Grand daughter Madison raised a very unique pig this year. It is a Spotted Poland China, which has its beginnings right here in southwest Ohio. "The present day Spots descend from the Spotted hogs which trace a part of their ancestry to the original Poland China, which consisted of six separate breeds and was referred to as the "Warren County Hog" of Ohio. One such breed imported into Ohio in the early 1880's was a breed called the "Big China", mostly white in color, but having some black spots."
Three men from Putnam and Hendricks Counties, in Indiana, brought boars and sows back from Ohio from time to time to cross with their own good hogs; and thus developed a breed all their own from this background which kept the characteristic color of large black and white spots. At this time, two hogs imported from England, known as "Gloucester Old Spots" added a wonderful stimulant to the breed in the form of new bloodlines.
The pig nearly died early in the project so it became the pig of pampering and prayer. When you get a pen or barn full of sick pigs, especially the children's project pigs, it's a really bad deal. I remember we had that one year in the late 80's or early 90's. I think I spent more on medicine and veterinarian bills than I did on feed.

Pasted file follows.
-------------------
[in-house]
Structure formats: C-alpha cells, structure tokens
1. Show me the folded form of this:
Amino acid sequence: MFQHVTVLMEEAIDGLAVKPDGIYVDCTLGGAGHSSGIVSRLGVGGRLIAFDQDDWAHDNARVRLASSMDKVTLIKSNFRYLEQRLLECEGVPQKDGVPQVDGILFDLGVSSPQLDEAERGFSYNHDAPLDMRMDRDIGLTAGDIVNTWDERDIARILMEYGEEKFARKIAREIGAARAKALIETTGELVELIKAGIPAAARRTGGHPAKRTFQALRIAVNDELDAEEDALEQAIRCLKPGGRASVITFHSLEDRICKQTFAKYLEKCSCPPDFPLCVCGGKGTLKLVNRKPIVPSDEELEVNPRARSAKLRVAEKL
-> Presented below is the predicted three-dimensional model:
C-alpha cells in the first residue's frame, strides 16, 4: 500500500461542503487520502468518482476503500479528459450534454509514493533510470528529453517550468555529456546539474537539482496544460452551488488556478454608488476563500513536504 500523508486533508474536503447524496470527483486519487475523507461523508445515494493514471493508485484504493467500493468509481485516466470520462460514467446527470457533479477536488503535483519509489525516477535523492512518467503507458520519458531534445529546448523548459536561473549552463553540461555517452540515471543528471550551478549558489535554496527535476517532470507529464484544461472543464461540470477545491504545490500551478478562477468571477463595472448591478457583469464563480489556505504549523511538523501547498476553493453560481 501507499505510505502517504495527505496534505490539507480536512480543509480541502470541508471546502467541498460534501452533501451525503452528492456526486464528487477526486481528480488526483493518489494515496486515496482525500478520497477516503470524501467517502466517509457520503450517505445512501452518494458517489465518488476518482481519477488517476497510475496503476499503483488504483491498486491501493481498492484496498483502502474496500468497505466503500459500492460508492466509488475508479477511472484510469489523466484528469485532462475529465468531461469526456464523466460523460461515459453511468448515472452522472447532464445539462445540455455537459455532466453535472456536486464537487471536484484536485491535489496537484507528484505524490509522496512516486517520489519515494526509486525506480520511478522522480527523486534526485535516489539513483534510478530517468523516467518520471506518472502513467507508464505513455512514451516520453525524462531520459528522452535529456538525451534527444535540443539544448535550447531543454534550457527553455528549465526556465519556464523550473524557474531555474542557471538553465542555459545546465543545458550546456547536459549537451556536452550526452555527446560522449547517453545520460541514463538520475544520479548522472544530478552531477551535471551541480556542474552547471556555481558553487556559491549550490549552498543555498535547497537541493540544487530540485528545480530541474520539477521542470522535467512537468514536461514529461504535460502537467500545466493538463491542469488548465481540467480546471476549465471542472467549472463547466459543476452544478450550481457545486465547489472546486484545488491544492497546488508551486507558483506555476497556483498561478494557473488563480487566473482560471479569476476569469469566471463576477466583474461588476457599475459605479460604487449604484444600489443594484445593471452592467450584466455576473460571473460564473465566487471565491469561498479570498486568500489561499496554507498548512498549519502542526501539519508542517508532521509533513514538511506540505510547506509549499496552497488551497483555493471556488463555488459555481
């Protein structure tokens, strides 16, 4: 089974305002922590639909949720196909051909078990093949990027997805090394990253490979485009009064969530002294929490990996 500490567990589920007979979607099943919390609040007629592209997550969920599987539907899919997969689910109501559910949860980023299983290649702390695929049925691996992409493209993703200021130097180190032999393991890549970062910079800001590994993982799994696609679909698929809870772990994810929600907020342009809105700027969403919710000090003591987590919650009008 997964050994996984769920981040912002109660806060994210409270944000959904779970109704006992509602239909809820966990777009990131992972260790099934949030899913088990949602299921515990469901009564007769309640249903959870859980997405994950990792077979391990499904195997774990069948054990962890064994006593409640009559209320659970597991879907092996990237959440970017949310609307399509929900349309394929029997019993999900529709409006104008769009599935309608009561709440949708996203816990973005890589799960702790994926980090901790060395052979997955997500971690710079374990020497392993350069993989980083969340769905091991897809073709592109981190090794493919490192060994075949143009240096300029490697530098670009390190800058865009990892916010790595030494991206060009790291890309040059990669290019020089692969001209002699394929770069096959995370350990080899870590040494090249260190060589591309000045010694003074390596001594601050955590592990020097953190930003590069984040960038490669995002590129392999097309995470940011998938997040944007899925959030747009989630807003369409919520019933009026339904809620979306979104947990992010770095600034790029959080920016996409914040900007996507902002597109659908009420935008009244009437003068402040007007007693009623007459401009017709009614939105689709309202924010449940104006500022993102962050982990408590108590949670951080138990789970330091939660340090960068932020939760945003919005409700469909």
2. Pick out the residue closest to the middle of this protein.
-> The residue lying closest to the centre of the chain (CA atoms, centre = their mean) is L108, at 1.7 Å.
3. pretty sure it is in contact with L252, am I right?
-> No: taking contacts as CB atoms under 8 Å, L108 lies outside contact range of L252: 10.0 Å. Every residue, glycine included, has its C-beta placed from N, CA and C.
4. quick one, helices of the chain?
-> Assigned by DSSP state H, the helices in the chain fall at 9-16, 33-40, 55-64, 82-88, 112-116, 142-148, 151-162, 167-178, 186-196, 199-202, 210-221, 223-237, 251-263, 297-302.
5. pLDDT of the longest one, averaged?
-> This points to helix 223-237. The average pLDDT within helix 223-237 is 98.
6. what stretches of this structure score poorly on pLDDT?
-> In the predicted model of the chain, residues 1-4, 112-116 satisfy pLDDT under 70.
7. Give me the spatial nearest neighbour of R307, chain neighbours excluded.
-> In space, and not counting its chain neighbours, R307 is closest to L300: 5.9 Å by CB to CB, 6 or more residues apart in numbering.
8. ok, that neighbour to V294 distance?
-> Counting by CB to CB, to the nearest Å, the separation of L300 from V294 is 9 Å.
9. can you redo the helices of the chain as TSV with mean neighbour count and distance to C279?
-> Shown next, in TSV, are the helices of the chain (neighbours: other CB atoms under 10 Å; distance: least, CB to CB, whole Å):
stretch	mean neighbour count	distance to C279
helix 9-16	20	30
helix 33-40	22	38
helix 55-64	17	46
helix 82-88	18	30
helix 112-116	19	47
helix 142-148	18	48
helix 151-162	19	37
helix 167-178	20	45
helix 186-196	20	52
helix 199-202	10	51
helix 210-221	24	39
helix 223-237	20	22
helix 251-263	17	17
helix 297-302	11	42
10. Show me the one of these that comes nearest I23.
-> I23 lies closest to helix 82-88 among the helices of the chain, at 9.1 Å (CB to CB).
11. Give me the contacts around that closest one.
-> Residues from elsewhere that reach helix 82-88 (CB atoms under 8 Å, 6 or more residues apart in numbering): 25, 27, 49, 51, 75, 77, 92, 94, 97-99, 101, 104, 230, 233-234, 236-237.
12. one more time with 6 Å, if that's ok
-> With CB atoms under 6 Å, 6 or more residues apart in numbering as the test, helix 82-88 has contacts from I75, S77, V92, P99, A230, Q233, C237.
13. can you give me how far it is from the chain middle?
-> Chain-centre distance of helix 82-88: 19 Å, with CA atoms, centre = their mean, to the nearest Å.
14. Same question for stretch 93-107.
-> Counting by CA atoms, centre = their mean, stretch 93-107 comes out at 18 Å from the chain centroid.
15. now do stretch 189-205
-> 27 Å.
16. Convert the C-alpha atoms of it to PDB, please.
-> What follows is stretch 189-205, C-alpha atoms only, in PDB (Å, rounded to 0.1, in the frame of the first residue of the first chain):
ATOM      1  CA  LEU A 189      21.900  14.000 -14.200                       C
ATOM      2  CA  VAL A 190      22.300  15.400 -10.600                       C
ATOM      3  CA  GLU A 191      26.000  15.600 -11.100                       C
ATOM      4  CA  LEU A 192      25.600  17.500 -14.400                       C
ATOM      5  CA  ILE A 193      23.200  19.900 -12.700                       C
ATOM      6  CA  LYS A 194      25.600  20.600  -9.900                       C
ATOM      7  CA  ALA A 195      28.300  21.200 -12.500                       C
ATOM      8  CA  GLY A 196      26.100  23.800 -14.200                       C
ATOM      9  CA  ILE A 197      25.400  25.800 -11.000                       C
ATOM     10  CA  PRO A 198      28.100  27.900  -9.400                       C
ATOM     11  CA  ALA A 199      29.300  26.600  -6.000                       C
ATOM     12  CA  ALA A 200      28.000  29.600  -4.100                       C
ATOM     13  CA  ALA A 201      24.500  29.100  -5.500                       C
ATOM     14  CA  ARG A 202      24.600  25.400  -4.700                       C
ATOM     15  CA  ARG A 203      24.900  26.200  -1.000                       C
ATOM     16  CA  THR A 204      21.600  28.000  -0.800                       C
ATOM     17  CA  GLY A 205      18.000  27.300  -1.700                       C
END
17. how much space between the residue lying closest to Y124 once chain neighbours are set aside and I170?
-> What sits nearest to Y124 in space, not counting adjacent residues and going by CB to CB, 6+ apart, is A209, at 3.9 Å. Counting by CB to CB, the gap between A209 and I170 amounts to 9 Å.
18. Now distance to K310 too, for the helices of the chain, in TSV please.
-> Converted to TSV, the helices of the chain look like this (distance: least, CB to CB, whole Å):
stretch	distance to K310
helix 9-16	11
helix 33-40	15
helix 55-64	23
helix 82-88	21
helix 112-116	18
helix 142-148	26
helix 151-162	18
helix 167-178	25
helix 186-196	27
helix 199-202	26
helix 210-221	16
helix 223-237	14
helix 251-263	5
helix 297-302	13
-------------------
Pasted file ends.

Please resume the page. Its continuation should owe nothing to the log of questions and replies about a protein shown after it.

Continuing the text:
One lady called Madison's pig a designer pig. That's a pretty good description of it. It looks like the spot colors of old but I never saw a Spot built like this one. We saw it show at our county fair and at the Ohio State fair which ended Sunday. Every judge liked it and it placed at the top of it's class every time.
Her cousin Cameron showed a Hereford hog at the State Fair. I remember the Bratton's of Mowrystown showed them when I was a young man. Spotted pigs and pigs that look like cattle aren't my deal but they add value to the industry. Inbred traits can be used to improve other breeds by cross breeding.
The F1 hybrid from to separate but pure inbred lines changed the world, just like hybridization did to corn. That one principle is probably why you and I are here today. Farmers learned to feed a much larger world than anyone ever dreamed.